Molecular characterization and evolution of an interspersed repetitive DNA family of oysters
- 159 Downloads
When genomic DNA from the European flat oyster Ostrea edulis L. was digested by BclI enzyme, a band of about 150 bp was observed in agarose gel. After cloning and sequencing this band and analysing their molecular characteristics and genomic organization by means of Southern blot, in situ hybridisation, and polymerase chain reaction (PCR) protocols, we concluded that this band is an interspersed highly repeated DNA element, which is related in sequence to the flanking regions of (CT)-microsatellite loci of the species O. edulis and Crassostrea gigas. Furthermore, we determined that this element forms part of a longer repetitive unit of 268 bp in length that, at least in some loci, is present in more than one copy. By Southern blot hybridisation and PCR amplifications—using primers designed for conserved regions of the 150-bp BclI clones of O. edulis—we determined that this repetitive DNA family is conserved in five other oyster species (O. stentina, C. angulata, C. gigas, C. ariakensis, and C. sikamea) while it is apparently absent in C. gasar. Finally, based on the analysis of the repetitive units in these oyster species, we discuss the slow degree of concerted evolution in this interspersed repetitive DNA family and its use for phylogenetic analysis.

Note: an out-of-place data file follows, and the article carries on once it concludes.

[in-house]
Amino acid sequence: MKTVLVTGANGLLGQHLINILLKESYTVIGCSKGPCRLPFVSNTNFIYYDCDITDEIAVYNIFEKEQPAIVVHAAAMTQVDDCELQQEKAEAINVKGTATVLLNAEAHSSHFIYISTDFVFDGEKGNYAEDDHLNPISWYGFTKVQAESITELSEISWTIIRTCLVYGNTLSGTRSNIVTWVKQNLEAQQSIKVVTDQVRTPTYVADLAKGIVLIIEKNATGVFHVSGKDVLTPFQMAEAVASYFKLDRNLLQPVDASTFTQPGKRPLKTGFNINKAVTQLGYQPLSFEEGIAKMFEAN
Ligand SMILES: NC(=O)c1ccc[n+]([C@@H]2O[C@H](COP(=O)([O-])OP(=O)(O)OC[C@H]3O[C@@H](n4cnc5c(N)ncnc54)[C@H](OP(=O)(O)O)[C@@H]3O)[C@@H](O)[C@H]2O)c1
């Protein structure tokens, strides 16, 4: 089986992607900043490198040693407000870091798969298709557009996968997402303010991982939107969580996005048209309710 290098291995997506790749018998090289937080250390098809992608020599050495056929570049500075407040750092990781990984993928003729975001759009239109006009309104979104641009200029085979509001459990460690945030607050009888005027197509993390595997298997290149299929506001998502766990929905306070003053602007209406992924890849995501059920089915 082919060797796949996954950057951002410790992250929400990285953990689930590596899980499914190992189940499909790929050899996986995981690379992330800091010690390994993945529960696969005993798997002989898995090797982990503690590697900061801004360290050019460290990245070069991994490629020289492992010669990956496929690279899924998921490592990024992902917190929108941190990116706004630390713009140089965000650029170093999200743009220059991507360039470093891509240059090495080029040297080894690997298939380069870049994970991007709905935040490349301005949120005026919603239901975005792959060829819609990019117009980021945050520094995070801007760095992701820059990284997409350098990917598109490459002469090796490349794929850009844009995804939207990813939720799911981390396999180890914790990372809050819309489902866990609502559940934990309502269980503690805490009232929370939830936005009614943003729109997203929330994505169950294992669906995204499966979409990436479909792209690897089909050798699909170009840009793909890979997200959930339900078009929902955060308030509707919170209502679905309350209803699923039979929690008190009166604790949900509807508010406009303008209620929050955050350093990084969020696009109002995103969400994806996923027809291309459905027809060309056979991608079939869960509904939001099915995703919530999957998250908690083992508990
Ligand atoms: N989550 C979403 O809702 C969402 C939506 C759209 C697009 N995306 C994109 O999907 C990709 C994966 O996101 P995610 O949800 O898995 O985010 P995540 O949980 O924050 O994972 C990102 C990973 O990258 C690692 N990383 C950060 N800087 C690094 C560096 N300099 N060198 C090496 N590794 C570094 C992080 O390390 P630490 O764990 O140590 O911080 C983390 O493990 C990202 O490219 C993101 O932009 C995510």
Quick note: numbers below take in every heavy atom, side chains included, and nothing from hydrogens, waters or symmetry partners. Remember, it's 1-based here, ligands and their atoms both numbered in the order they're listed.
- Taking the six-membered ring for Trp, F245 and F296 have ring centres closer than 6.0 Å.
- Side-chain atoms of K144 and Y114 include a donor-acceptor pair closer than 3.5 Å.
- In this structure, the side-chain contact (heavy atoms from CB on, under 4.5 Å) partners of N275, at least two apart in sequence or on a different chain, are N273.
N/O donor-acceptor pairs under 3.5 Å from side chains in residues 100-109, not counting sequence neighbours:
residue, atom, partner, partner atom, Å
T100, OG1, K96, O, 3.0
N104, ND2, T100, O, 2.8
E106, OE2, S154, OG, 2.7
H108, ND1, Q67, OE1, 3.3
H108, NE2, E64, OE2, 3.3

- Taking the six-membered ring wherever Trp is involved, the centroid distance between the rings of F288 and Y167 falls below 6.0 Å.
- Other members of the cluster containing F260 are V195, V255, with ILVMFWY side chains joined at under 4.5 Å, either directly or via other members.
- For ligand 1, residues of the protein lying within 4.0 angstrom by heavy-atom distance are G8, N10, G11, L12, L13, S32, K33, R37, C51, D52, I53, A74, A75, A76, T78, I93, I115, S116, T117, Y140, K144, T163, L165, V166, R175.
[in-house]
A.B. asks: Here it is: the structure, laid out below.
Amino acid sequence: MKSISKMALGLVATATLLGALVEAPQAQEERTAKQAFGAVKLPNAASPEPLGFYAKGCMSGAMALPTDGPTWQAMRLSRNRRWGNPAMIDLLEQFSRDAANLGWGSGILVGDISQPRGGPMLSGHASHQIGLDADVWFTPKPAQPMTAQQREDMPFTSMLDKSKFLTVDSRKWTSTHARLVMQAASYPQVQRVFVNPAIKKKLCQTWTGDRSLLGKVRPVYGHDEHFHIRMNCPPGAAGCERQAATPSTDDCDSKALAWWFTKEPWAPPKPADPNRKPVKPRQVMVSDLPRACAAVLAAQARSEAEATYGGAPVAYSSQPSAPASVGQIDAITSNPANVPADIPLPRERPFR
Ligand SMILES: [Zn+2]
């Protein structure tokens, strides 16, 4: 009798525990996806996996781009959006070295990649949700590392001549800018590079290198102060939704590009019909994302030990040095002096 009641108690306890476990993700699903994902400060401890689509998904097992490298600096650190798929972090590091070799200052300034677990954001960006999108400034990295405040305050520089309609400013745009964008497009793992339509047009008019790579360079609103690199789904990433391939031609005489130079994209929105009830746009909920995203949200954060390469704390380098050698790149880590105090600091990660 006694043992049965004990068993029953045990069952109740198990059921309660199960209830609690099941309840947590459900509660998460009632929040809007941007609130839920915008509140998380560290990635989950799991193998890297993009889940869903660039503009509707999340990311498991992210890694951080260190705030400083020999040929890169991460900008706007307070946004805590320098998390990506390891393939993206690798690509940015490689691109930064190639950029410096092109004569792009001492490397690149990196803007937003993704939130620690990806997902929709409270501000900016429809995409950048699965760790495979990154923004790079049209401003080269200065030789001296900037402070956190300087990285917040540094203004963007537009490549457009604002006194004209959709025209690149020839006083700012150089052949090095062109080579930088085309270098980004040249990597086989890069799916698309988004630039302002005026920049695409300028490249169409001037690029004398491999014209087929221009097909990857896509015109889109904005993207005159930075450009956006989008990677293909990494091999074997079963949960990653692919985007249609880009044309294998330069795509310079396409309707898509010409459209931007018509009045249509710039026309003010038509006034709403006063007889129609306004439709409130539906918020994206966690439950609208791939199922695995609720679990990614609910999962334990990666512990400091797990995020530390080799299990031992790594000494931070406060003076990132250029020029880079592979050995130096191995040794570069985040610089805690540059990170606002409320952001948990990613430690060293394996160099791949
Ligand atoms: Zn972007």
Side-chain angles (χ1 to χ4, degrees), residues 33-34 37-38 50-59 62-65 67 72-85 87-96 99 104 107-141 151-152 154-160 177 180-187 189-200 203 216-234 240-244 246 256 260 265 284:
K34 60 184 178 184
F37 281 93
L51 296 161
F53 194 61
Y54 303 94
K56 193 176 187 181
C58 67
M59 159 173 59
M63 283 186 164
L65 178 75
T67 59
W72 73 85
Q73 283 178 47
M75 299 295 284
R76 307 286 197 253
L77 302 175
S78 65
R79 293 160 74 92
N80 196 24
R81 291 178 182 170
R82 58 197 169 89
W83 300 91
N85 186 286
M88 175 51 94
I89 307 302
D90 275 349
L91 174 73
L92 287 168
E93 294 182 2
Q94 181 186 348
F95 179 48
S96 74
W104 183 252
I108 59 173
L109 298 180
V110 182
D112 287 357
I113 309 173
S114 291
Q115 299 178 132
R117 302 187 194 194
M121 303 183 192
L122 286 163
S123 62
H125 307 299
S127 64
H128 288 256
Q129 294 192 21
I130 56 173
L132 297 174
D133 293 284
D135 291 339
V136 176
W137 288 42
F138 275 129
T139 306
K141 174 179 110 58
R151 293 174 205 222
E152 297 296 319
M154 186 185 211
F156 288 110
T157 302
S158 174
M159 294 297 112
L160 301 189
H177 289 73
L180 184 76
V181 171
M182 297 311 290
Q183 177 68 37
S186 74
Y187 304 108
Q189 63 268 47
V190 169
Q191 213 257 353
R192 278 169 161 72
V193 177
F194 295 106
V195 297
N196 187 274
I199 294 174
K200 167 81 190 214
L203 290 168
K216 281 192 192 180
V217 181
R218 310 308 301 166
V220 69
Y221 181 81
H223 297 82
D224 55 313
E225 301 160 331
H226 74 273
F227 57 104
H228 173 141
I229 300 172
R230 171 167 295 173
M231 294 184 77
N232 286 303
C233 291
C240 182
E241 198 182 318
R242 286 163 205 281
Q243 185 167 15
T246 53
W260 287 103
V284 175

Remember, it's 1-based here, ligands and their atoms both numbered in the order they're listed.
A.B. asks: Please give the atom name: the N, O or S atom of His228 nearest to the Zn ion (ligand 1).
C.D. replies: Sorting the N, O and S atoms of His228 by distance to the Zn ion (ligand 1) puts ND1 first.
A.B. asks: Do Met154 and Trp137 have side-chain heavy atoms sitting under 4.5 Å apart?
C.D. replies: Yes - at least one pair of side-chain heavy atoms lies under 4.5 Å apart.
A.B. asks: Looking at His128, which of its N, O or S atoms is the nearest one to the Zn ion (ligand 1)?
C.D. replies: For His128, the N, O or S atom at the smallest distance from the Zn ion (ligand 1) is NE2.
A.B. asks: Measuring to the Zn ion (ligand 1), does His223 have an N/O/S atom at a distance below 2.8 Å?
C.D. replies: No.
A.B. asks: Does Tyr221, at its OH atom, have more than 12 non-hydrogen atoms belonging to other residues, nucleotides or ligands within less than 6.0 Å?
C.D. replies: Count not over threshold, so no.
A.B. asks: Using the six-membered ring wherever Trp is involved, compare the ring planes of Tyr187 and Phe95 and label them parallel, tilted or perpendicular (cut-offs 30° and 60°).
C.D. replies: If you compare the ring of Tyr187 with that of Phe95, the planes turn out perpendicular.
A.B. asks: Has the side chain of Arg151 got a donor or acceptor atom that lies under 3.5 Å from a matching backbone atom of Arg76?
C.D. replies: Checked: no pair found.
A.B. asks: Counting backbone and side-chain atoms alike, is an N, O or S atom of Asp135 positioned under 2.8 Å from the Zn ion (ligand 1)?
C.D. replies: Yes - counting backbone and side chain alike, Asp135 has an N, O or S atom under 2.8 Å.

KeywordsOyster Interspersed repetitive DNA Concerted evolution Ostrea Crassostrea FISH
This research was supported by grants from the Plan Andaluz de Investigación (Group Nos. BIO200 and BIO219) and a grant from the Consejería de Innovación, Ciencia y Empresa, Junta de Andalucía (Project No. C03-082). We are greatly indebted to Dr. José Ignacio Navas (CIFPA “Agua del Pino”, Huelva, Spain) for his help in sampling and technical assistance. We also thank our colleagues Pierre Boudry for providing us some oyster samples, and to our colleague David Nesbitt for revising our English text.
- Graur D, Li WH (1999) Fundamentals of molecular evolution, 2nd edn. Sinauer Associates, Inc., Sunderland, MAGoogle Scholar
- Meglécz E, Anderson SJ, Bourguet D, Butcher R, Caldas A, Cassel-Lundhagen A, d’Acier AC, Dawson DA, Faure N, Fauvelot C, Franck P, Harper G, Keyghobadi N, Kluetsch C, Muthulakshmi M, Nagaraju J, Patt A, Péténian F, Silvain JF, Wilcock HR (2007) Microsatellite flanking region similarities among different loci within insect species. Insect Mol Biol 16:175–185CrossRefPubMedGoogle Scholar
- Nei M (1987) Molecular evolutionary genetics. Columbia Press, New YorkGoogle Scholar
- Palomeque T, Carrillo JA, Muñoz-López M, Lorite P (2006) Detection of a mariner-like element and miniature inverted-repeat transposable element (MITE) associated with the heterochromatin from ants of genus Messor and their possible involvement for satellite DNA evolution. Gene 371:194–205CrossRefPubMedGoogle Scholar
- Sambrook J, Russell DW (2001) Molecular cloning. A laboratory manual, 3rd edn. Cold Spring Harbor Laboratory Press, Cold Spring HarborGoogle Scholar
- Stenzel HB (1971) Oysters. Part N. Bivalvia. Treatise on invertebrate paleontology, vol 3. University of Kansas and the Geological Society of America Inc., Boulder, CO, p 1224Google Scholar
- Yu H, Li Q (2007) Genetic variation of wild and hatchery populations of the pacific oyster Crassostrea gigas assessed by microsatellite markers. J Genet Genom 34(12):1114–1122. PMID: 18155624Google Scholar